Government to revive operations of SIPL should divestiture attempts fail
Mrs Hannah Tetteh, Minister of Trade and Industry, said on Wednesday that government would take a second look at reviving the operations of the Subri Industrial Plantation Limited should all attempts to divest the assets of the company prove unsuccessful.
She said the company’s liabilities covering indebtedness to various companies, staff terminal benefits, bank overdraft; Provident Fund and staff severance awards total GH¢2,915,010.80.
Mrs Tetteh who said this when she was in the house to answer questions, also noted that the company’s present assets included an existing plantation of over 5,000 hectares of an industrial raw material(Gmelina arbora) site for nurseries with a dam, industrial estate comprising office blocks, staff bungalows, clinic, schools, 13,000 hectares of forest reserve, sawmill and a kiln.
She said the company was set in 1885 to produce the fibrous raw material “Gmelia arbora” to feed the pulp and paper mill.
She added that the project was promoted by the government and five local financial institutions, namely the Social Security and National Insurance Trust, Ghana Commercial Bank, Agricultural Development Bank, SG-SSB bank and National Investment bank as shareholders with Government having 71.5 per cent share in the company.
Mrs Tettey said the original objective of installing a pulp plant could not be executed due to lack of funding.
She explained that a re-appraisal of the project showed that the land area of 18,000 hectares earmarked for the cultivation of raw material would not be able to sustain the project or support a modern pulp and paper mill.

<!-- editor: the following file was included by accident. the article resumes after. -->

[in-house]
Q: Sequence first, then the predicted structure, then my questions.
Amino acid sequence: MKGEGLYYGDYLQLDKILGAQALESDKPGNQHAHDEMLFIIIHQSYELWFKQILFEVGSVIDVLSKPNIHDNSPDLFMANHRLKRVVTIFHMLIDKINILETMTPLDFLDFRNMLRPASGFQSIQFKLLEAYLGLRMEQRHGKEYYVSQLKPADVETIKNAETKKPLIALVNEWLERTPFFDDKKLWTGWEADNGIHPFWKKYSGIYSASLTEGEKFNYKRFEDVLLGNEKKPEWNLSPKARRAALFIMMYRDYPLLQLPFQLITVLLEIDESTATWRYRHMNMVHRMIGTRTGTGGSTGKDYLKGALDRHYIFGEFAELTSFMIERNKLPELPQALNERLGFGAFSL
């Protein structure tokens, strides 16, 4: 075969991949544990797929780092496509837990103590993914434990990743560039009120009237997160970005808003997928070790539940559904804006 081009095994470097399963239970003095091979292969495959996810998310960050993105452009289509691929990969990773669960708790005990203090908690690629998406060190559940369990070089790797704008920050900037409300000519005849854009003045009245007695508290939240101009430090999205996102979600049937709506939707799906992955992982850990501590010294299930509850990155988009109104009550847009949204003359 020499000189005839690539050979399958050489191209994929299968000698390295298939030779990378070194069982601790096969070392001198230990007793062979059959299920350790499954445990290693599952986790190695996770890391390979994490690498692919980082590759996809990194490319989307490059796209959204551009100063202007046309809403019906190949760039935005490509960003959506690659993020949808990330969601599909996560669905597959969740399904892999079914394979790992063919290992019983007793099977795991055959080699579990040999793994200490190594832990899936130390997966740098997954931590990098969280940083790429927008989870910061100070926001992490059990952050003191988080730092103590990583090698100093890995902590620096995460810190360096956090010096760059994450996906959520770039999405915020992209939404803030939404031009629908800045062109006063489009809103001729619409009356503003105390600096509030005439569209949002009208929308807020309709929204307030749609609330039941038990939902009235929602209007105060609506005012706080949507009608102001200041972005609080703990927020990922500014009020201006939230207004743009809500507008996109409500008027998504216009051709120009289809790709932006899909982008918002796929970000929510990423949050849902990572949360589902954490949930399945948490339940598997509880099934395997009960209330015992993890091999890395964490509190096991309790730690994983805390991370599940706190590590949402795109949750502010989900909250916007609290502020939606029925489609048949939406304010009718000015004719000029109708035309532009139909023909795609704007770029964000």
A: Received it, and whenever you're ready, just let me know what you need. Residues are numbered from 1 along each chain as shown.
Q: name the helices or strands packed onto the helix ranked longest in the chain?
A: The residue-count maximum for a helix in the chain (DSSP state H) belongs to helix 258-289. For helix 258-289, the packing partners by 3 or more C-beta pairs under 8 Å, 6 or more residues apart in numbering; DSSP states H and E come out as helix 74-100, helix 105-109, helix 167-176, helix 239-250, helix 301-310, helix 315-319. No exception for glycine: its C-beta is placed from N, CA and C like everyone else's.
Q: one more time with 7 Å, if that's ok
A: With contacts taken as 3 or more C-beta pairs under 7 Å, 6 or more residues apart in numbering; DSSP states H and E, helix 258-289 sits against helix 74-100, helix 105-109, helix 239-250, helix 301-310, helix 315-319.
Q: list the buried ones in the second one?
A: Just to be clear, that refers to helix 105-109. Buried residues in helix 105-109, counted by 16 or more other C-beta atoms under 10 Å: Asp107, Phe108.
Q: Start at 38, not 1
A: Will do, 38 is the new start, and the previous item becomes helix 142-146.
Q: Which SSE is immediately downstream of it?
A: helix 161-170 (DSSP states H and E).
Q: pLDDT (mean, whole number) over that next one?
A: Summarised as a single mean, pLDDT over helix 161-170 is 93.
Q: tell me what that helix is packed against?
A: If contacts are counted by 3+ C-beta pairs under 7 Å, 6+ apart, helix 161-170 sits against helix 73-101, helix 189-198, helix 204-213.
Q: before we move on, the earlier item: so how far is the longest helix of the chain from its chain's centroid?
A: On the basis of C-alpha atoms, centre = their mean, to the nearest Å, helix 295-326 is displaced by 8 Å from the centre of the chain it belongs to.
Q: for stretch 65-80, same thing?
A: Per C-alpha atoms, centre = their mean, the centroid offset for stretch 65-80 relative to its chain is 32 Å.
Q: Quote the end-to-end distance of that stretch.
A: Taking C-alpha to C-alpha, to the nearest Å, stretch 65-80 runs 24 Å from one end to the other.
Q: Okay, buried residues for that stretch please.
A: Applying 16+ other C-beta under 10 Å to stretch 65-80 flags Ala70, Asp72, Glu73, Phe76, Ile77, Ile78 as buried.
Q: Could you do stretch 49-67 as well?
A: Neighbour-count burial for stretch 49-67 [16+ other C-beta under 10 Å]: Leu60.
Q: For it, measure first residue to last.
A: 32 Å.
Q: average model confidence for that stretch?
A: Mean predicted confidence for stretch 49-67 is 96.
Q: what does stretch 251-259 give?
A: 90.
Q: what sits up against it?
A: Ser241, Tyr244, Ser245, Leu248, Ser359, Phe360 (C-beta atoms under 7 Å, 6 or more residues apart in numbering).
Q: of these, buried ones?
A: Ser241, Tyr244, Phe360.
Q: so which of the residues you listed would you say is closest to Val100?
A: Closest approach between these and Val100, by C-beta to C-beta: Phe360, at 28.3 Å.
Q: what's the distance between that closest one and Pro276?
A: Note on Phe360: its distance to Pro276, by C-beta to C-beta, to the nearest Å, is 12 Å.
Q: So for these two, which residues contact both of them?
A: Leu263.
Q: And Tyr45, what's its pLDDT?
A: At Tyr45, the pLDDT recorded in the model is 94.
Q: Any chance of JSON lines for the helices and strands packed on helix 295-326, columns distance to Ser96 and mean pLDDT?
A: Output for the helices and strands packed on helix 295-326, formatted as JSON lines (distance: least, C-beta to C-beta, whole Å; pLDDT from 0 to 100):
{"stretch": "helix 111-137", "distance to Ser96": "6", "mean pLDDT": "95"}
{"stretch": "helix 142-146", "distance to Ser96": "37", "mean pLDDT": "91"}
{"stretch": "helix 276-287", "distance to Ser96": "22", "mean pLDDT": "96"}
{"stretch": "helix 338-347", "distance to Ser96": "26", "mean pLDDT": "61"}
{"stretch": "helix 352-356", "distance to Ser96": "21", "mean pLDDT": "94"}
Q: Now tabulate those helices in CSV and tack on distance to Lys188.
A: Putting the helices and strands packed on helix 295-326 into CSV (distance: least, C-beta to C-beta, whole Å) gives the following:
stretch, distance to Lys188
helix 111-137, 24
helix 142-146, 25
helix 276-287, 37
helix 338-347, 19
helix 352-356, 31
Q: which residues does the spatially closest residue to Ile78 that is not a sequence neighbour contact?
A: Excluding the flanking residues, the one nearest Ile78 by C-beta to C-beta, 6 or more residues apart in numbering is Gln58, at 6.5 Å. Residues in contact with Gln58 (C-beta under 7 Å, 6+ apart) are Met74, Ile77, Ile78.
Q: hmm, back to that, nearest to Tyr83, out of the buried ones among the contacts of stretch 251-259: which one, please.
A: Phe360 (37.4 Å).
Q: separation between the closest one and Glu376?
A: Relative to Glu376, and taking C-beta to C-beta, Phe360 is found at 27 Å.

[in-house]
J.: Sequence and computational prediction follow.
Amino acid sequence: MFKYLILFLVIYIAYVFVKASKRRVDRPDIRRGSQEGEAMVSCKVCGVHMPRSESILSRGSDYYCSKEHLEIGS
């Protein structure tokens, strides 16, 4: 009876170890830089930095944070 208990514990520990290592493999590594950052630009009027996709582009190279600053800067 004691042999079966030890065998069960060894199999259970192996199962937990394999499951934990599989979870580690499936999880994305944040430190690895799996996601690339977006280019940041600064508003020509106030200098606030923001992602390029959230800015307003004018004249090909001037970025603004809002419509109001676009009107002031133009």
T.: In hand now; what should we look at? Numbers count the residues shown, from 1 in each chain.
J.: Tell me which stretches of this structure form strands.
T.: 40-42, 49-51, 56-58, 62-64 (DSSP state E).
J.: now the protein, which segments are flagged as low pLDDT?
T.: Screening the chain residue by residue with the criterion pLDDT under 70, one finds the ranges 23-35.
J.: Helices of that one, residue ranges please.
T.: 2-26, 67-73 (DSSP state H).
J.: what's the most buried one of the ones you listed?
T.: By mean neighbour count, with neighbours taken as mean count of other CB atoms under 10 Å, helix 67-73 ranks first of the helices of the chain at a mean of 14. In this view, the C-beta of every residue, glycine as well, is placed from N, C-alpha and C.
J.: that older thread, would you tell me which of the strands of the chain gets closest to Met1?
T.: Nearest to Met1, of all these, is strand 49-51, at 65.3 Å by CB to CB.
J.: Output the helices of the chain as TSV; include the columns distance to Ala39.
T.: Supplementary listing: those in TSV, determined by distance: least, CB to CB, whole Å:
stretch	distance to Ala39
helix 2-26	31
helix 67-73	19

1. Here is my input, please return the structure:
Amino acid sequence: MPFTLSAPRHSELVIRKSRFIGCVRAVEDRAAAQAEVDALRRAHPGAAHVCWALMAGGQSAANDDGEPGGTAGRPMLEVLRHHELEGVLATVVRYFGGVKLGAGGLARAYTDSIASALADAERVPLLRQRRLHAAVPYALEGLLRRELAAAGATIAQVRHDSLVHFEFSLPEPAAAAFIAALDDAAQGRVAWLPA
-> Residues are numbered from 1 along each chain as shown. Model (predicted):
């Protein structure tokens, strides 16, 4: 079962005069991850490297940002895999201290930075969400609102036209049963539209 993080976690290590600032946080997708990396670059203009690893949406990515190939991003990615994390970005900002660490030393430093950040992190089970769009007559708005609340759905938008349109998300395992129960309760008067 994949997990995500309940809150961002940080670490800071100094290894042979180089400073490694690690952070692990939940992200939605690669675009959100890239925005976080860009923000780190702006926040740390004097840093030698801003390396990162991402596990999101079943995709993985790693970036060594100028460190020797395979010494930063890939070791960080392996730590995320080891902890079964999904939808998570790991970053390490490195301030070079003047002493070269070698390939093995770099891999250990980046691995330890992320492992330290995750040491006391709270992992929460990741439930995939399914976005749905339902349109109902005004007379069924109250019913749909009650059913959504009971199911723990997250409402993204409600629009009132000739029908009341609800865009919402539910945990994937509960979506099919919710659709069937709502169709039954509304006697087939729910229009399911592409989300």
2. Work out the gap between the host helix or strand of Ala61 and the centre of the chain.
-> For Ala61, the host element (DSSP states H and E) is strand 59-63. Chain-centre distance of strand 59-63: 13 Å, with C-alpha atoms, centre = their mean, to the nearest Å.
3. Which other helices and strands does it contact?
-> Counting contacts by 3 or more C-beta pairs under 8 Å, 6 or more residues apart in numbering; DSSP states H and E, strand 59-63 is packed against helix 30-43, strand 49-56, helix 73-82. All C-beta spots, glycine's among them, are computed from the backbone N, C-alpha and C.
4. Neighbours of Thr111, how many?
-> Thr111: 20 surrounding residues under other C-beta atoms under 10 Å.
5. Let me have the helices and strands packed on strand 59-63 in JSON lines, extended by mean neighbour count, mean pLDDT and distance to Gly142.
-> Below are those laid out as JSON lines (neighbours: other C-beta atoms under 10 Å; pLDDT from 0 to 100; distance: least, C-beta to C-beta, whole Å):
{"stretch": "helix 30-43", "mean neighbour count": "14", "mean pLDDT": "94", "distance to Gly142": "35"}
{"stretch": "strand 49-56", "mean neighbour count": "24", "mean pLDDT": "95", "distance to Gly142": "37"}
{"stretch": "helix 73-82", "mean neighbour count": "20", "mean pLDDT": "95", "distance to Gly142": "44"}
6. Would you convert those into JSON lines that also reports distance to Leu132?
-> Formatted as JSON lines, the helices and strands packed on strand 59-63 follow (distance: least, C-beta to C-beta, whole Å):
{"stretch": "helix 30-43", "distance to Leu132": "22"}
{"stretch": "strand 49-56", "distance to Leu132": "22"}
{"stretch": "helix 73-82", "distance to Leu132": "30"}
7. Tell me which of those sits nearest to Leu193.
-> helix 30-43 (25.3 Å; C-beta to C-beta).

This, she said, had been further limited by the fact that approximately 6000 hectares had been classified as a globally significant biodiversity area and were constrained from being used for environment reasons.
She also explained that due to the lack of additional investment the company therefore had to focus on sawmilling, using the overgrown gmelia arbona trees which could not sustain the company financially.
It, therefore, continued to experience financial problems until it was eventually placed on the divestiture list, she said, adding that the divesture of the company was the responsibility of the Divestiture Implementation Committee.
Mrs Tetteh said the company was put on the divestiture list in December, 2002, and though the initiative was to obtain a potential joint ventureship for pulp and paper production no suitable partners were found, thus compelling the DIC to re-advertise the company for investors in 2008 and again in 2010.
She said the DIC was yet to conclude the divestiture process.